people that know know what it is really going to take to change that....

Popular posts from this blog

Statement re false allegations from Esther Baker

Statement by John Hemming
I am pleased that the Police have now made it clear that there has been a concerted effort to promote false criminal allegations against me and that the allegations had no substance whatsoever.
I would like to thank Emily Cox, my children, Ayaz Iqbal (my Solicitor), my local lib dem team and many others who supported me through this dreadful experience. There are many worse things that happen to people, but this was a really bad experience.
It is bad enough to have false allegations made about yourself to the police, but to have a concerted campaign involving your political opponents and many others in public creates an environment in which it is reasonable to be concerned about ill founded vigilante attacks on your family and yourself. Luckily there was a more substantial lobby to the contrary as well, which included many people who were themselves real survivors of abuse, which has helped.
I am normally someone who helps other people fight injustice. …

Homelessness vs Selling Books

Candidates in elections tend to find themselves very busy with lots of things to do.  It is, therefore, necessary to prioritise things to ensure that the important things are dealt with.

To me the issue of homelessness and rough sleeping is an important issue.  Therefore, when Birmingham's Faith Leaders group contacted me to ask me what I would propose and whether I would work with them to make things better I was pleased to respond with my views and indicate that I would work with them after the election.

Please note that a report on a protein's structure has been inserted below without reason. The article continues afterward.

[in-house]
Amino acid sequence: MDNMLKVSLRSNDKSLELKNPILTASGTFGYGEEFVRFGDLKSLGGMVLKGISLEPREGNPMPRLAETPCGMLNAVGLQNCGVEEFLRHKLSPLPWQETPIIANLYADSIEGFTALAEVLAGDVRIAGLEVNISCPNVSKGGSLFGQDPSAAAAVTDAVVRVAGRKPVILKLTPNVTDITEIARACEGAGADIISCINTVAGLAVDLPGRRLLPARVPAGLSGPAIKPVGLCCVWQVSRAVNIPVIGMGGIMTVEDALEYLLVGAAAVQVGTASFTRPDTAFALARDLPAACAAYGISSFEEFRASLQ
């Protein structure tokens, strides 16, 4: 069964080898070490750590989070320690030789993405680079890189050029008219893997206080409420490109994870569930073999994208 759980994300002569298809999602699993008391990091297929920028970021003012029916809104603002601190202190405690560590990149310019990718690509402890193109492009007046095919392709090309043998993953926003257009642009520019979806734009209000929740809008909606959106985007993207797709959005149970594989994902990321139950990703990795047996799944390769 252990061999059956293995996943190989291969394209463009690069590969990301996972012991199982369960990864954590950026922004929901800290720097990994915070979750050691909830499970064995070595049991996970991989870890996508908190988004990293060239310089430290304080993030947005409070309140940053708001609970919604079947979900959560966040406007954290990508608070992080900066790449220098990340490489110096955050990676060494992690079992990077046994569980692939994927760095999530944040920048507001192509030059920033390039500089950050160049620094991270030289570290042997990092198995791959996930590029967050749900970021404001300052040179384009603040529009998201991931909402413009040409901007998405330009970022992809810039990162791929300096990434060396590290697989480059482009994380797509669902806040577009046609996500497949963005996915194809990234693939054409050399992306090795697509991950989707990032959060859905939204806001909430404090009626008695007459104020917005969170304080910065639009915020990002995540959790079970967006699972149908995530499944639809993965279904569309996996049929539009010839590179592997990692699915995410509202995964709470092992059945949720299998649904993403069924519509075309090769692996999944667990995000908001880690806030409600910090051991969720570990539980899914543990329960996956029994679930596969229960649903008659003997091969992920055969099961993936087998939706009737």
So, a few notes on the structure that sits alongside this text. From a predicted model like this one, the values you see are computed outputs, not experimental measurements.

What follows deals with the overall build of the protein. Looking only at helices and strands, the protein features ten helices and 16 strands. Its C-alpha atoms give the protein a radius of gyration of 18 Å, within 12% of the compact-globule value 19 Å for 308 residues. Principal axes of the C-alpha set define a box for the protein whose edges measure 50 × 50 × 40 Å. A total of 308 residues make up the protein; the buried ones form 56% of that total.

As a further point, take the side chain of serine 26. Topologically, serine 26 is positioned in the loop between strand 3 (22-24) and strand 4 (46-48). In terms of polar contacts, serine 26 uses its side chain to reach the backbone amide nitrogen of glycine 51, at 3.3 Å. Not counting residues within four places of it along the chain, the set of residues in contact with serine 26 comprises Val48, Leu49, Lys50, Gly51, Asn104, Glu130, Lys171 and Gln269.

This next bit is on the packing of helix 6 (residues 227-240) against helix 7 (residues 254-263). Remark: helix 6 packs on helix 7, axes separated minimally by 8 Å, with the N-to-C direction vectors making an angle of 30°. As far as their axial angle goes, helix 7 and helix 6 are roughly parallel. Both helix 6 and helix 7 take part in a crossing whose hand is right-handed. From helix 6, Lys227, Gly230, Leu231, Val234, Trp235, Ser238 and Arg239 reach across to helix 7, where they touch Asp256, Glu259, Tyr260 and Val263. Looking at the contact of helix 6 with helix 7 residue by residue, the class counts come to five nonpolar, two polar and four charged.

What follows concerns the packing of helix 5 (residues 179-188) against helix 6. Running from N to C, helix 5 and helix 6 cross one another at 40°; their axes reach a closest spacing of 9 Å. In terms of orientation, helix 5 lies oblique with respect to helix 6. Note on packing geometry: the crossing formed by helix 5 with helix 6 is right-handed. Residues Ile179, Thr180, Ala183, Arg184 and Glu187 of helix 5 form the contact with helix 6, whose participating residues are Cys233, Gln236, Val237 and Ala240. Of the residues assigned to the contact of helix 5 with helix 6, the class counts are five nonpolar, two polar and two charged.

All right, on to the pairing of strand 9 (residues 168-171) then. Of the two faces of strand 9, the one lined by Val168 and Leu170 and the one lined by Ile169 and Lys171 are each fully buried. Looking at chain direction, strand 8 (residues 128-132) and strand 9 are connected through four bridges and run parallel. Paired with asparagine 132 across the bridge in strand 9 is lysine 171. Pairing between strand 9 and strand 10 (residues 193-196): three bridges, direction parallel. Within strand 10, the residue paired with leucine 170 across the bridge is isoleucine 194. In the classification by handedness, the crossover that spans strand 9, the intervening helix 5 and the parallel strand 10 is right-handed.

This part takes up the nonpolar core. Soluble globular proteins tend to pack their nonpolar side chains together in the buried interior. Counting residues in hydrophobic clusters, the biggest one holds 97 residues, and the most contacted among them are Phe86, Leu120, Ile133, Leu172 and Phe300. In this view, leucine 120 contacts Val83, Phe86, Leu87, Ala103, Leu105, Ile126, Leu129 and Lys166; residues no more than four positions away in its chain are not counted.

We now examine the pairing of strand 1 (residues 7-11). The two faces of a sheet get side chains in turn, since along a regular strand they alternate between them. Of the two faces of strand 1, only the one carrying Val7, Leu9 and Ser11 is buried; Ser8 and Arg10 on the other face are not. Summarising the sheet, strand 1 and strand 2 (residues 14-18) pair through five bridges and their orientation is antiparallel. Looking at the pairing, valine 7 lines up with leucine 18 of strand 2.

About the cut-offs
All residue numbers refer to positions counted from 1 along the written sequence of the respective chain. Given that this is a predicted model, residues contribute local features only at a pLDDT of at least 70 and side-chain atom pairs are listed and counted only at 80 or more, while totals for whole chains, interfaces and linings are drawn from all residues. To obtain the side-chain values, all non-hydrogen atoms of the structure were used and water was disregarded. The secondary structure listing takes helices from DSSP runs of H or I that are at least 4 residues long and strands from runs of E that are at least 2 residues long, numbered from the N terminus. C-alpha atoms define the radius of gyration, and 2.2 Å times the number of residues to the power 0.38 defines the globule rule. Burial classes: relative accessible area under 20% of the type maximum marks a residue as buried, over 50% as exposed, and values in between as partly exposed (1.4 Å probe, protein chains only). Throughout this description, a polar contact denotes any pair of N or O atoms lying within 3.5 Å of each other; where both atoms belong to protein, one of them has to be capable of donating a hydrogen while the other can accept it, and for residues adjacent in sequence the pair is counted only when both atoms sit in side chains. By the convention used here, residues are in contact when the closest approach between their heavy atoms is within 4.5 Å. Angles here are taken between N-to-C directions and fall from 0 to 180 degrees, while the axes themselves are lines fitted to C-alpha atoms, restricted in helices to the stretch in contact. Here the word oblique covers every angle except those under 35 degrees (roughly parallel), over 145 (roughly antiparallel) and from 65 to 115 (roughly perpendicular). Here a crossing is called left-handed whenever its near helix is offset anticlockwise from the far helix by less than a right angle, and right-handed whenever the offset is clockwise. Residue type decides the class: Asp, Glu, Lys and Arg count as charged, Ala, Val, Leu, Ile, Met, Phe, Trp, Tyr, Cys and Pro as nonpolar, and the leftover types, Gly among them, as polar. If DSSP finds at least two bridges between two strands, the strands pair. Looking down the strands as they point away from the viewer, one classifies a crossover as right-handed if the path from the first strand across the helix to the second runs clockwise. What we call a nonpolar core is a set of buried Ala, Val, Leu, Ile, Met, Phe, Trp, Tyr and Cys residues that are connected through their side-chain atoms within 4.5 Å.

The Faith Leaders Group (Bishops and other religious leaders in Birmingham) have now sent out their report.

Sadly, according to their report,  I was the only candidate for Yardley to respond.  The group in their report said:

"Particularly disappointing was the lack of response from some of those candidates seeking re-election as MP for their respective constituencies."
It is worth looking at the priorities of my opponent.
Interestingly today she has decided to be at th…

Millionaires and politics

The Labour Party spent most of the last election criticising me for being a successful businessman (aka millionaire). That is business in the private sector employing over 250 people. It is worth looking at the situation for the Labour Candidate now:

For the year 2016-7 Annual Income from Parliament74,962Specifically for her book51,250Other media income etc5,322.82Total declared income131,534.82

Traditionally anyone with an annual income of over £100,000 has been considered to be a millionaire. I did not use my position in parliament to increase my income.

I have been asked for sources for this. This BBC piece looks at how one should define rich. It was written in 2011 so the figures will be slightly out of date. There are perhaps 2 relevant pieces:
"In 1880 a rich person would have had £100,000 in assets or an income of £10,000 a year, he says. About a hundred people a year died leaving £100,000 and by 1910 this was 250 - "a microscopic fraction of the number of death…